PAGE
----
President Bush is sending 21,500 extra troops to Iraq to help with the Baghdad crackdown. Most are heading for the capital, but 4,000 will also be sent to Anbar to try to quell the insurgency raging there.


Prime Minister Nuri al-Maliki expressed optimism about the 10-day old security plan, saying U.S. and Iraqi forces had killed around 400 suspected militants since it started.

But the attack on the police checkpoint in an area not far from the main U.S. military headquarters in Baghdad underlined the hurdles faced by Iraqi security forces who are often out- gunned by increasingly sophisticated insurgents.

"It was a brazen attack," said Captain Curtis Kellogg, a U.S. military spokesman. "It was definitely coordinated. We expect this type of thing to continue. They will try to test the Iraqi and U.S. security forces."

A statement from the U.S. military said eight to 10 gunmen attacked the checkpoint in two vehicles. Militants in the first one got out firing assault rifles and throwing hand grenades at the policemen.

The second vehicle was forced into a ditch where it was cordoned off on suspicion it could be a suicide car bomb.

Two militants were killed in the firefight. One was wearing a suicide vest, Kellogg said.

Maliki paid a visit on Saturday to the command center for the Baghdad operation and urged security forces not to be swayed by sectarian loyalties.

He told reporters 426 suspected militants had been detained in the crackdown "and around that number have been killed" since it was launched in mid-February. The campaign is regarded as the last chance to prevent all-out civil war.

The Shi'ite prime minister is under pressure from Washington to root out Shi'ite militias with as much determination as he has used against Sunni Arab insurgents.

But Friday's brief detention by U.S. forces of the son of Abdul-Aziz al-Hakim, one of Iraq's most powerful Shi'ite leaders, could strain the government's ties with Washington.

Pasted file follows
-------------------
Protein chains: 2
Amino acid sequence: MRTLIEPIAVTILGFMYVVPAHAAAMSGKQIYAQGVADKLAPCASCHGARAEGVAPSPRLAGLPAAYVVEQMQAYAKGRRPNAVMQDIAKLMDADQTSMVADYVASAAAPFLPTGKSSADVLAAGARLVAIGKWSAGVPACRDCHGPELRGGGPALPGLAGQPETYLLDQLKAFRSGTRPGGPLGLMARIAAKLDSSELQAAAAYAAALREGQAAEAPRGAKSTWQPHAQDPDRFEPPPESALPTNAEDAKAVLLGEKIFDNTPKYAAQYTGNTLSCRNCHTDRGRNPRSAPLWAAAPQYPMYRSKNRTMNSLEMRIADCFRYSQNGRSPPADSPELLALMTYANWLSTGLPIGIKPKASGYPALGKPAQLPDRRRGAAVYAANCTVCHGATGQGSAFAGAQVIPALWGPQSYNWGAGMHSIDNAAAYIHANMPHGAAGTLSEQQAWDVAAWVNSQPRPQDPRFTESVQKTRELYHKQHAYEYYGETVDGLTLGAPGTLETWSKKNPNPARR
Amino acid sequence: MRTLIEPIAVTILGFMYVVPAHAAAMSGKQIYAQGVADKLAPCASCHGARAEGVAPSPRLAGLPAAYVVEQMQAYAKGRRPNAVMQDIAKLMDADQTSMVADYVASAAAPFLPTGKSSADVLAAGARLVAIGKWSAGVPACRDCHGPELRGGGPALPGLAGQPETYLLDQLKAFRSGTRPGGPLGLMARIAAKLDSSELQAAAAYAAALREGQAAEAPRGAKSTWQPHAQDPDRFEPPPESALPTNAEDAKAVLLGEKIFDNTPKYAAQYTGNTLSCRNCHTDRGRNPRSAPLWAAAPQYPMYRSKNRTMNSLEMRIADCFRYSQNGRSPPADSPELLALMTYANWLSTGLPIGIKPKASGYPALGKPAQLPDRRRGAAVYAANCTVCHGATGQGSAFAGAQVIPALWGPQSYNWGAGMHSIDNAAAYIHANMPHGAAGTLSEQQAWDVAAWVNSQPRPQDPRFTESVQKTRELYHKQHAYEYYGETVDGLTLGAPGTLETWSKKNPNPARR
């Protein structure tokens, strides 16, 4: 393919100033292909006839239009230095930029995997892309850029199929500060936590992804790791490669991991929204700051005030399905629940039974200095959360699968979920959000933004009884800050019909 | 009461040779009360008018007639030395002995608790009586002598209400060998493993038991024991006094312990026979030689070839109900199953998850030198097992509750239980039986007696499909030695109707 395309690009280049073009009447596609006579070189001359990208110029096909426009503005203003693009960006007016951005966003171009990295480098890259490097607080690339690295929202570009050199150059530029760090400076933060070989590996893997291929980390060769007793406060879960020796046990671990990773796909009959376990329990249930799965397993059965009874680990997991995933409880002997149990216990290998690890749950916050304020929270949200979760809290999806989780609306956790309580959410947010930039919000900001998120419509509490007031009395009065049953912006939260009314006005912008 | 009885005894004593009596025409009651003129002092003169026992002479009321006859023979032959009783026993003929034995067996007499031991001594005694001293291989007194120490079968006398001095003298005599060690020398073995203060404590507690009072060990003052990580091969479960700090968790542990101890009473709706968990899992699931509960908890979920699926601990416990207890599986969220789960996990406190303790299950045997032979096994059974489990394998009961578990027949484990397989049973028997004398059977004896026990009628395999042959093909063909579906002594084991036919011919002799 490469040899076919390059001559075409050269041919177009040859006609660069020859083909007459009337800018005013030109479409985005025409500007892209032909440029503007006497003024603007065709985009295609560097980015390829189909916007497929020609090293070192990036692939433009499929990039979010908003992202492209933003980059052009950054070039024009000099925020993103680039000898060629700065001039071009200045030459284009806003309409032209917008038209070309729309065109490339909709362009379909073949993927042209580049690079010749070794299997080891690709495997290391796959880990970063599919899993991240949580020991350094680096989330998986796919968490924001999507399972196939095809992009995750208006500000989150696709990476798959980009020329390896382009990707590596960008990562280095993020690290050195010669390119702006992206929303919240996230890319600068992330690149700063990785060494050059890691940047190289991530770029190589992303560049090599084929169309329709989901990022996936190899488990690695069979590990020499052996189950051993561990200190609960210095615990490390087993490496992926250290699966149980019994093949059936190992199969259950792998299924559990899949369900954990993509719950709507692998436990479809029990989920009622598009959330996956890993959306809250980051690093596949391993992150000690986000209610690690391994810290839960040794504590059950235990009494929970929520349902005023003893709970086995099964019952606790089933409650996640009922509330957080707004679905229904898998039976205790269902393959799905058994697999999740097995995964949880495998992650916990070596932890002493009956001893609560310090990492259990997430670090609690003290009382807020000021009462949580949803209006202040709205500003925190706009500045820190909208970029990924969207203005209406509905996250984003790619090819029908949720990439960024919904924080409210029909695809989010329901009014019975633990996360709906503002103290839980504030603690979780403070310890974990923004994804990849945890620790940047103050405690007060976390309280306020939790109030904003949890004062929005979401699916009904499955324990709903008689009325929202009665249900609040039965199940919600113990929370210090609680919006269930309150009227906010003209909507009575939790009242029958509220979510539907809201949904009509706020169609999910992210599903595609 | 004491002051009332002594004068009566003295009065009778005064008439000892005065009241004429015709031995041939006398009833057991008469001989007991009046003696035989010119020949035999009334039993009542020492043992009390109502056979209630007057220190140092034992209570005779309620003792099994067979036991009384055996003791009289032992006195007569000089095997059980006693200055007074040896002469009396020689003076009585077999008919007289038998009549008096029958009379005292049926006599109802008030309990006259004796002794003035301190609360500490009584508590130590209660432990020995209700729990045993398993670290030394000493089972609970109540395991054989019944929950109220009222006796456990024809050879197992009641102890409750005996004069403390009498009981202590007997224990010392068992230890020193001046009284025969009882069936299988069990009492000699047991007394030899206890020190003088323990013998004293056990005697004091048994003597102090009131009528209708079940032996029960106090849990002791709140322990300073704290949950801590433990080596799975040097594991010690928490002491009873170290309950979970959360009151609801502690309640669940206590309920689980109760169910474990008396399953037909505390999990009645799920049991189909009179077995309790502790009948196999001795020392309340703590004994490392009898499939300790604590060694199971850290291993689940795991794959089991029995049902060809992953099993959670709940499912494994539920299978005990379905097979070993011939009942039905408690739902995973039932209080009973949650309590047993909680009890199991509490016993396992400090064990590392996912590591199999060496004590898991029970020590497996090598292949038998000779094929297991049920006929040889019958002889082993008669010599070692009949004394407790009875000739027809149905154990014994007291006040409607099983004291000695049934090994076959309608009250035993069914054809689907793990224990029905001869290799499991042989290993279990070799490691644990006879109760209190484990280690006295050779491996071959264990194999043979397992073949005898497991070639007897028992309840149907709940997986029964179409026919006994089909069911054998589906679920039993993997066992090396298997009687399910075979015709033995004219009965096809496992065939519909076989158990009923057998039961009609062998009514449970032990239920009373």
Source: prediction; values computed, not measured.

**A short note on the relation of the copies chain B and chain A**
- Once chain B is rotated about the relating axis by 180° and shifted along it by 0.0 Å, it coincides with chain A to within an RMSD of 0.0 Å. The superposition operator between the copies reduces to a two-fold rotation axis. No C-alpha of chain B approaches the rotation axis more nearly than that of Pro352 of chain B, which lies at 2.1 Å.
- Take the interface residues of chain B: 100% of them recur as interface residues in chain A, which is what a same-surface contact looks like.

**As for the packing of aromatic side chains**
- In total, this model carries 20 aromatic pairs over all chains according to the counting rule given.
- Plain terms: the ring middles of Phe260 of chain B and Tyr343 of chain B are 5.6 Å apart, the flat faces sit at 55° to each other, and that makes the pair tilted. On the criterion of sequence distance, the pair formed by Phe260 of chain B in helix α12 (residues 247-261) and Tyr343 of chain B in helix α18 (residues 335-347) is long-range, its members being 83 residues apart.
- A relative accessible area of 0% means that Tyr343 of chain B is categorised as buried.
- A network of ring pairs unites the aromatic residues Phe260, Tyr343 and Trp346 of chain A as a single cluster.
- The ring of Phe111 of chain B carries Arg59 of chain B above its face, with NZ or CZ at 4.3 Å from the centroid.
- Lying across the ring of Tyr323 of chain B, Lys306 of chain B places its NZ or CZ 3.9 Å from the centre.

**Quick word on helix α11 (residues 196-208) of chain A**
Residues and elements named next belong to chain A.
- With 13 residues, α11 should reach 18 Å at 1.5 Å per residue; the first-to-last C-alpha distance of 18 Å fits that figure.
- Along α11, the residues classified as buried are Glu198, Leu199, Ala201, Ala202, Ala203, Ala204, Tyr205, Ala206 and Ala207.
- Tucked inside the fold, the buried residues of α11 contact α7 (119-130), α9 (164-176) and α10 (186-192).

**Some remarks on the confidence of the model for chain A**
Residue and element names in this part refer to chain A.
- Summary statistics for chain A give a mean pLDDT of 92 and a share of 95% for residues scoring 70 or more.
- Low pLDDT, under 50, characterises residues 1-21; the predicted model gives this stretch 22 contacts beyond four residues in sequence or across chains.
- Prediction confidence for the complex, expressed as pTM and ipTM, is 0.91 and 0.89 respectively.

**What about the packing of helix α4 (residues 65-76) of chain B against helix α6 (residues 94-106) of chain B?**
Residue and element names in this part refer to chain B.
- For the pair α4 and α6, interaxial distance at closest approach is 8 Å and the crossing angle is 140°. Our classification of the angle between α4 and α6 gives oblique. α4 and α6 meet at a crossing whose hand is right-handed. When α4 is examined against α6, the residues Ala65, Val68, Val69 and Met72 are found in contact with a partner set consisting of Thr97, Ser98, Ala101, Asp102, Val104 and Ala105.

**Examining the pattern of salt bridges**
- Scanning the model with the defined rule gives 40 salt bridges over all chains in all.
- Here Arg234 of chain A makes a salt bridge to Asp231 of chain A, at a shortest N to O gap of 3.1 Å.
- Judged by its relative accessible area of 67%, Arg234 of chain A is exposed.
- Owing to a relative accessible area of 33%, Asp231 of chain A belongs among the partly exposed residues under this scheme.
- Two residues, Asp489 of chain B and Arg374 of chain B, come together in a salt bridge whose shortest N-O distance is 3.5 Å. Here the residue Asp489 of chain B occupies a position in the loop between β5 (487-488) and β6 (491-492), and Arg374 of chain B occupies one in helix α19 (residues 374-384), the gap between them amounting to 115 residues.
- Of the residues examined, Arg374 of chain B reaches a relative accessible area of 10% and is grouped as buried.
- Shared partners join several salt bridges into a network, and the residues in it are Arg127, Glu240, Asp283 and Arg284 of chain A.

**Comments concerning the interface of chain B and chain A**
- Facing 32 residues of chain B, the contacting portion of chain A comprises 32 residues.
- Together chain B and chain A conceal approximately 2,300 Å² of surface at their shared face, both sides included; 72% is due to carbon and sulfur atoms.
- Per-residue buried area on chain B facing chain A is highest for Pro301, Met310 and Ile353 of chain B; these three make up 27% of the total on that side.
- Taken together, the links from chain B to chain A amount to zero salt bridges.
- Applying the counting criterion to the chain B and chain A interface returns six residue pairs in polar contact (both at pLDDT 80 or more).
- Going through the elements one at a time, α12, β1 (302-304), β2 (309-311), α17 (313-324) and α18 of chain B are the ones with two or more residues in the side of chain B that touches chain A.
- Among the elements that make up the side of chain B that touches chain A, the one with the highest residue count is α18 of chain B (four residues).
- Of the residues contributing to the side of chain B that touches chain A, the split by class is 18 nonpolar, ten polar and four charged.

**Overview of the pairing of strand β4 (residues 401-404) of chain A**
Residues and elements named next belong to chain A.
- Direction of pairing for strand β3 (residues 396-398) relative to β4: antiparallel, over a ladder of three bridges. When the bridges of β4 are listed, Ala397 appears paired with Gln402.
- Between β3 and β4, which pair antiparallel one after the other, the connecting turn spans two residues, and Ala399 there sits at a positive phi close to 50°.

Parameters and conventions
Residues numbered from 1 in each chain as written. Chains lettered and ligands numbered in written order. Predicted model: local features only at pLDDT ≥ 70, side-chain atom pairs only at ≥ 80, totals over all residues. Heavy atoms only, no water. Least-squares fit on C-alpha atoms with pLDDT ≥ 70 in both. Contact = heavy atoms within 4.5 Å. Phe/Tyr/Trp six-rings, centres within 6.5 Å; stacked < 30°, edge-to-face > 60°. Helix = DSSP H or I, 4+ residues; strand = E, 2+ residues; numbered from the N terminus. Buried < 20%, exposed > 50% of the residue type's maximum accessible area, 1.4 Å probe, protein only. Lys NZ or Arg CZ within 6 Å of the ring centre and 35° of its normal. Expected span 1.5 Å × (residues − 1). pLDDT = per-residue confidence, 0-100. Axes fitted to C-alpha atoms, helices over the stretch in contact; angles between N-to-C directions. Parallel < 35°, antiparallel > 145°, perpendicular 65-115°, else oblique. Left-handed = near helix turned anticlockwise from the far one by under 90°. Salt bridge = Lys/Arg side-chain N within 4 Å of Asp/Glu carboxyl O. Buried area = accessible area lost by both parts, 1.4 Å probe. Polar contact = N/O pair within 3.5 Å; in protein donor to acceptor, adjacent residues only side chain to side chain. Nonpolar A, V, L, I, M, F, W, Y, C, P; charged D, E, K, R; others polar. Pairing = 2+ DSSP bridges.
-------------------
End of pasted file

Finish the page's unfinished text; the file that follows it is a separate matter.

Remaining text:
Hundreds of Iraqis took to the streets of Shi'ite towns on Saturday to protest at Friday's detention of Ammar al-Hakim.

There were no reports of violence. The U.S. military said Ammar al-Hakim was held on Friday because members of his convoy acted suspiciously at a border checkpoint while returning from Iran. He was released after several hours.

(Additional reporting by Ross Colvin, Mussab Al-Khairalla and Dean Yates)


Got that?  In the 16th paragraph of the story, under a headline that assures you the news is bad, they slip in an estimate that over 400 suspected militants had been caught and over 400 had been killed, in less than two weeks, with only a small fraction of the total troop surge in place. 

What great news!  How hopeful this would make any reasonable person that the troop surge could have a major positive effect and push the battle to our side in a decisive way! is buried in the 16th paragraph of the story, under a headline that assures you the news is bad. 

I rest my case.

Buy Our Book Here!

Return to Current Blog
We're Hopelessly Partisan, is a web site which is dedicated to honest, blunt, debate on the issues of our time.

About Us

Privacy Notice: In conjunction with the ads on this site, third parties may be placing and reading cookies on your browser, or using web beacons to collect information.

At “Hopelessly Partisan” we discuss all issues, big and small. In here, nothing is sacred and nothing is out of bounds.

So settle back, preferably after laughing your way through a copy of “The Hopelessly Partisan Guide To American Politics”, and let the battle begin. In this blog, your opinion counts every bit as much as anyone else's, maybe even more.

And to show that my willingness to provide all sides of the issues is sincere, here are links to a variety of web sites, from the left, the middle (more or less) and the right. Read them and either smile in agreement or gnash your teeth in anger!!